This was the first important lesson of roleplaying that I learnt: remember what your character can do. Often, you have weird and wonderful powers that are so far away from the norm that you forget them, thinking in a mindset more appropriate to you than your character. But if your abilities slip your mind, you'll most likely end up kicking youself over an unnecessary (but probably humorous) and fatal mishap.

Now, the actual roleplaying itself was kind of fun, but once it was over I was intruiged more by the book. Now that I had tasted, I wanted it all. I find now that the easiest way to relive the magic of your first ever roleplaying game is to buy a new roleplaying game. Getting a new game is like a roleplaying Christmas: a whole new world for you to comprehend and to command, new characters, new factions, new stats and generally, a sexy new layout with cool graphics. The strangeness of it all really brings back that early sense of wonder.

TMNT was no exception to the rule. In fact, it had everything to keep an adolescent male happy. Sharp pointy weapons. Ninjas. Martial arts. More ninjas. Machine guns. Some more ninjas. The Foot. And the four Turtles. And, to boot, it was blessedly bereft of that TSR cheesecake art. If there is one thing I hate, it's being marketed at through my groin, not my brain.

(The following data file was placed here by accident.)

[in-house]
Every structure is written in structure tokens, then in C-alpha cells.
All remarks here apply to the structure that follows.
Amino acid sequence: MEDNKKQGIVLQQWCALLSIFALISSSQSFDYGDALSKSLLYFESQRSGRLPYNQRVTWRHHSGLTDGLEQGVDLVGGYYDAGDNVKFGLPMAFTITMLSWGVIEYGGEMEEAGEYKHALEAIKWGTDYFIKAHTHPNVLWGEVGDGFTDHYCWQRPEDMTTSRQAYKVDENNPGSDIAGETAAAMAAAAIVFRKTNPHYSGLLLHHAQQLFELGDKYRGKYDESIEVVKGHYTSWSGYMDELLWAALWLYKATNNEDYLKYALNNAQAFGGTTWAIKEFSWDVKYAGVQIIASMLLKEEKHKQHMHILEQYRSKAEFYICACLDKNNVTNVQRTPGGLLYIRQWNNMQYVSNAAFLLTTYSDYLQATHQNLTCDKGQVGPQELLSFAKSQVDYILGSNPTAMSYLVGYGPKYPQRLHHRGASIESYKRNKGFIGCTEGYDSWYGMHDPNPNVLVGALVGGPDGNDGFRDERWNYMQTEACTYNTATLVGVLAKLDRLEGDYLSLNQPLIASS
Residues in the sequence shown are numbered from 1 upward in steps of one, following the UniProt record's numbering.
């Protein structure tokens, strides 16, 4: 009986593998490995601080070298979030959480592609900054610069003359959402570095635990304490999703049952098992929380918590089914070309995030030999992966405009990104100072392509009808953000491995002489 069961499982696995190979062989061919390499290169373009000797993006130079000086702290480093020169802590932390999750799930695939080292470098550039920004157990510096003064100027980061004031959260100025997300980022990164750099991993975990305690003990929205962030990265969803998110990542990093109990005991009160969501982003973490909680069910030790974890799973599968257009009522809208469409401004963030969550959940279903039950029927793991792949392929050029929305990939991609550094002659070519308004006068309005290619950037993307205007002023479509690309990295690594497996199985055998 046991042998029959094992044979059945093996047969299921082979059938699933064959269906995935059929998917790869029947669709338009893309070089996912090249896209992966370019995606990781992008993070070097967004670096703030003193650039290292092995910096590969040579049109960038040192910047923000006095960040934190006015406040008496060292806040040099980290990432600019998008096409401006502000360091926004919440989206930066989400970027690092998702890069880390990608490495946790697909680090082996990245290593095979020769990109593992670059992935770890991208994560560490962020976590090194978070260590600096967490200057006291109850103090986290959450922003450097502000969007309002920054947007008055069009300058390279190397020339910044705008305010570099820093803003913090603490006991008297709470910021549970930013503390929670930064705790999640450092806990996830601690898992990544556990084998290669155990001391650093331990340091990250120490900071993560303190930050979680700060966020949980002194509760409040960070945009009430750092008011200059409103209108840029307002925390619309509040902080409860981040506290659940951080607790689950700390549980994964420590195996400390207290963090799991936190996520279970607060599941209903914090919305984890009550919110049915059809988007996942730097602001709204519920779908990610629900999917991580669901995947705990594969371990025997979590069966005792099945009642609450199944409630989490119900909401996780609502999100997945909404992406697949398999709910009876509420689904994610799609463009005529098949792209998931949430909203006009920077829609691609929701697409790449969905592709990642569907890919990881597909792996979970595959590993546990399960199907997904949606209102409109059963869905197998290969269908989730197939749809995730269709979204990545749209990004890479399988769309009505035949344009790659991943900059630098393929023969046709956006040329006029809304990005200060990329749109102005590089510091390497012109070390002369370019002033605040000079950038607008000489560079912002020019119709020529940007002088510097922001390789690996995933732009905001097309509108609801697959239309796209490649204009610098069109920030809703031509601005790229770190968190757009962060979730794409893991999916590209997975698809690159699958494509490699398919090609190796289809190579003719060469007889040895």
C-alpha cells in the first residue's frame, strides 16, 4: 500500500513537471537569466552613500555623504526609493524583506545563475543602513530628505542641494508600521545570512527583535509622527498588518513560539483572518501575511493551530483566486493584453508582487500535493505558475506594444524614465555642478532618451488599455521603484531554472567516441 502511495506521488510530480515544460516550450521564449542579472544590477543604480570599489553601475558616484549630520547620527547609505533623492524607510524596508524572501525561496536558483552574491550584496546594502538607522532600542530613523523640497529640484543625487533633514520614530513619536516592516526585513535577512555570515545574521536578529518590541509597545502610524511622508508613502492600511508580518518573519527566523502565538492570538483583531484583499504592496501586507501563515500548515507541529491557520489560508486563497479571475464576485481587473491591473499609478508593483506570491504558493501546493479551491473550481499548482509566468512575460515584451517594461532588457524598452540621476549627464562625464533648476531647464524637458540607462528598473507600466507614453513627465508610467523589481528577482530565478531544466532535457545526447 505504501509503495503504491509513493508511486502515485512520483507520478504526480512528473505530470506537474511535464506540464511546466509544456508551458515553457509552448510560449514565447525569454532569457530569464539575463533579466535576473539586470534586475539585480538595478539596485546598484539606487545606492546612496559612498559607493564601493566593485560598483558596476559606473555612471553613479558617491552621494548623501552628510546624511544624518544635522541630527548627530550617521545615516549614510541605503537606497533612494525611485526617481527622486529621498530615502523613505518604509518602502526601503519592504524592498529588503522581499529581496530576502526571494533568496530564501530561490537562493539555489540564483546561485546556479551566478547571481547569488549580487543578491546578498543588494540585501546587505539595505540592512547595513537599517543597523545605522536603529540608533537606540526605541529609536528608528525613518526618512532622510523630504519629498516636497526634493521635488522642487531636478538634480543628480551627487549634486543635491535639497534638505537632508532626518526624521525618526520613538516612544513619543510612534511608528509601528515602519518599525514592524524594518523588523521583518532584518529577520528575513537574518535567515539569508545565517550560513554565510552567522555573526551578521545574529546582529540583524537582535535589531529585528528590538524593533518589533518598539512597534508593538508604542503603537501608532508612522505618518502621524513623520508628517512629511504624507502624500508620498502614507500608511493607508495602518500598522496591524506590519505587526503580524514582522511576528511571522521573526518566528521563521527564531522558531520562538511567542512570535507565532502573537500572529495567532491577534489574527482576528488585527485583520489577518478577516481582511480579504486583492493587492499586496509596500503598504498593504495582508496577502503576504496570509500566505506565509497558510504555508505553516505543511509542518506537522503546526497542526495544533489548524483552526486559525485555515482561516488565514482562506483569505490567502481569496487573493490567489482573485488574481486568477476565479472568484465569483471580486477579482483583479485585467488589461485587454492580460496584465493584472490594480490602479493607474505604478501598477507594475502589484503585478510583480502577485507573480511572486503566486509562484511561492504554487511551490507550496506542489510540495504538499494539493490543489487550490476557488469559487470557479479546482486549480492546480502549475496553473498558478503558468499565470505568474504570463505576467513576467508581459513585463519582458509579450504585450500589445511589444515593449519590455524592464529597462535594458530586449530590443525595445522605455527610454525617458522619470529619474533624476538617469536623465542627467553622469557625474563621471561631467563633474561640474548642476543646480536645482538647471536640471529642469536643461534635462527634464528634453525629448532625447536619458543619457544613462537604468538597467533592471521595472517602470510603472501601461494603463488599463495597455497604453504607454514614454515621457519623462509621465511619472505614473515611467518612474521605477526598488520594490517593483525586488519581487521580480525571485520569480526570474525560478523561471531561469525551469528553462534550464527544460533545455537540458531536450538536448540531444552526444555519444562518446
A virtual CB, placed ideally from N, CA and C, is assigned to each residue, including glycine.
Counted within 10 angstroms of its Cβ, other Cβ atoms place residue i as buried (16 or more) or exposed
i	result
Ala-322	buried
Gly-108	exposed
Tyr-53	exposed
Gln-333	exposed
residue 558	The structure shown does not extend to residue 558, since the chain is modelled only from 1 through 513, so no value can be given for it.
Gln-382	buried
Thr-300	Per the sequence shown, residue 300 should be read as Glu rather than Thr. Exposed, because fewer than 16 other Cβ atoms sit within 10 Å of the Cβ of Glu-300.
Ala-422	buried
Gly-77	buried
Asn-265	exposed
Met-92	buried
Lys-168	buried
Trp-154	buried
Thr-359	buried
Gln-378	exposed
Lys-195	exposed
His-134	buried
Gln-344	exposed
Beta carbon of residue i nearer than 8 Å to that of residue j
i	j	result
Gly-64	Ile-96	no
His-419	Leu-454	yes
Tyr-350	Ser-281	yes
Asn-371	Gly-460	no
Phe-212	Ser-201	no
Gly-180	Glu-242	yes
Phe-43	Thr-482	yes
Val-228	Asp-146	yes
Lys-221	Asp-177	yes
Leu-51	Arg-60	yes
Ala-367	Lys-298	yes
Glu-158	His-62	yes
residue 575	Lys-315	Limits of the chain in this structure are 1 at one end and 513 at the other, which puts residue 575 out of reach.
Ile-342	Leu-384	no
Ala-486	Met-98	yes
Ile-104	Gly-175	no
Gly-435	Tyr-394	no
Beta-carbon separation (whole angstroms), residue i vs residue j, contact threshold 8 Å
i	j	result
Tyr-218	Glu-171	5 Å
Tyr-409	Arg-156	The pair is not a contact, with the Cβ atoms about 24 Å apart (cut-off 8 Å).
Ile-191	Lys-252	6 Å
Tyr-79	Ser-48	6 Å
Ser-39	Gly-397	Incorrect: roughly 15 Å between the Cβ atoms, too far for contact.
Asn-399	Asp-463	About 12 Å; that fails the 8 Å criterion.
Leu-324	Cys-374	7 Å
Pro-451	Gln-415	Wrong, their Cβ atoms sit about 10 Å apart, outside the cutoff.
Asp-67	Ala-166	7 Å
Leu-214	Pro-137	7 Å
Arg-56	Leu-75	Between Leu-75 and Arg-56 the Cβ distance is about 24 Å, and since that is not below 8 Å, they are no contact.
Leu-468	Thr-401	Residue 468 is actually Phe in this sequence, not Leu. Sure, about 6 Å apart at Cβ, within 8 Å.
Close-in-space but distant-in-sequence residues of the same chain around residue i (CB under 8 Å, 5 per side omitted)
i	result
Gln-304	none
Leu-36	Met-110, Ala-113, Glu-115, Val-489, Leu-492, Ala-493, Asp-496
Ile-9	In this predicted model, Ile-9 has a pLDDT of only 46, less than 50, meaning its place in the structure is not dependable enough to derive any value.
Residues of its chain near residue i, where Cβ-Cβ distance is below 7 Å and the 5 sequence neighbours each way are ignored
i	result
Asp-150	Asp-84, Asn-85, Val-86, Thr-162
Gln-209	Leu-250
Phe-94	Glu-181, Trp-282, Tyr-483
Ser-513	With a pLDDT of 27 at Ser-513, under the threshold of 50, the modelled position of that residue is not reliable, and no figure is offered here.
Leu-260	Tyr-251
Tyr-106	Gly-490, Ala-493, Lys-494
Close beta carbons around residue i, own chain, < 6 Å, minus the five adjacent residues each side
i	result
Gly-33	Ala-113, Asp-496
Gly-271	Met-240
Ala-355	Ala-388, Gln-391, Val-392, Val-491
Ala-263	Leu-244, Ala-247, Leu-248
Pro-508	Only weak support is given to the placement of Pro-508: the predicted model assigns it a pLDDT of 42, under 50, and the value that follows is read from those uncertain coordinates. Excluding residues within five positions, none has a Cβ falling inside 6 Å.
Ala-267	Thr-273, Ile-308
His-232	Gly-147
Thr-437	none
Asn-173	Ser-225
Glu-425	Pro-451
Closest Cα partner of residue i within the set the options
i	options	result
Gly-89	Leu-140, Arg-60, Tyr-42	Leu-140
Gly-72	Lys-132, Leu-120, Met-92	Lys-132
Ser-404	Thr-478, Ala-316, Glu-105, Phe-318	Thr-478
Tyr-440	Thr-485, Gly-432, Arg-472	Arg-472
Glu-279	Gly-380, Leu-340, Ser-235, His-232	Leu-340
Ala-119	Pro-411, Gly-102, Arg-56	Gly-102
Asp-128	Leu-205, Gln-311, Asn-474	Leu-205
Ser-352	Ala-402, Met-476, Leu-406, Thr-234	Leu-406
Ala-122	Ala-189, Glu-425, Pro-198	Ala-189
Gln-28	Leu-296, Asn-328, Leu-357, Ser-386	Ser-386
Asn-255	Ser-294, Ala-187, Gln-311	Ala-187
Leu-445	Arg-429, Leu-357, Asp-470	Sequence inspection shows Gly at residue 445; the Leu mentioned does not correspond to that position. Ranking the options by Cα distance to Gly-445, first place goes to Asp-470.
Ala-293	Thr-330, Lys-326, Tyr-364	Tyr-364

The Turtles were cool. The game was cool. I was sold on it. So when Guy's friend disappeared to the same place that sucks up second socks and decent TV shows, I bought my own copy of the TMNT sourcebook. And so began a long, long journey.

Logic Takes a Holiday

Your first system is not only the most fun, it is also the one from which you get the funniest anecdotes, cos you keep doing the screwiest things. I'm no exception to this. Here are some of my best:

Let's start the ceremonies with some really stupid visual humour. Remember the mutant animals I was talking about in the first paragraph? Well, one thing I didn't mention is that our mutated characters were, mostly, one foot tall. Allow me to explain.

As well as using your character creation points to buy human hands and the gift of flight, TMNT also balances things out between species by allowing you to buy size. Each animal starts off with a base size level and a points pool that tends to average out: things like rodents and birds start off small but with a large amount of points; large creatures like rhinoceroses or elephants start out large, but with few points. So small creatures can spend their points to get up to a respectable size, and larger creatures can get more points (and hence more goodies) by shifting down in size levels.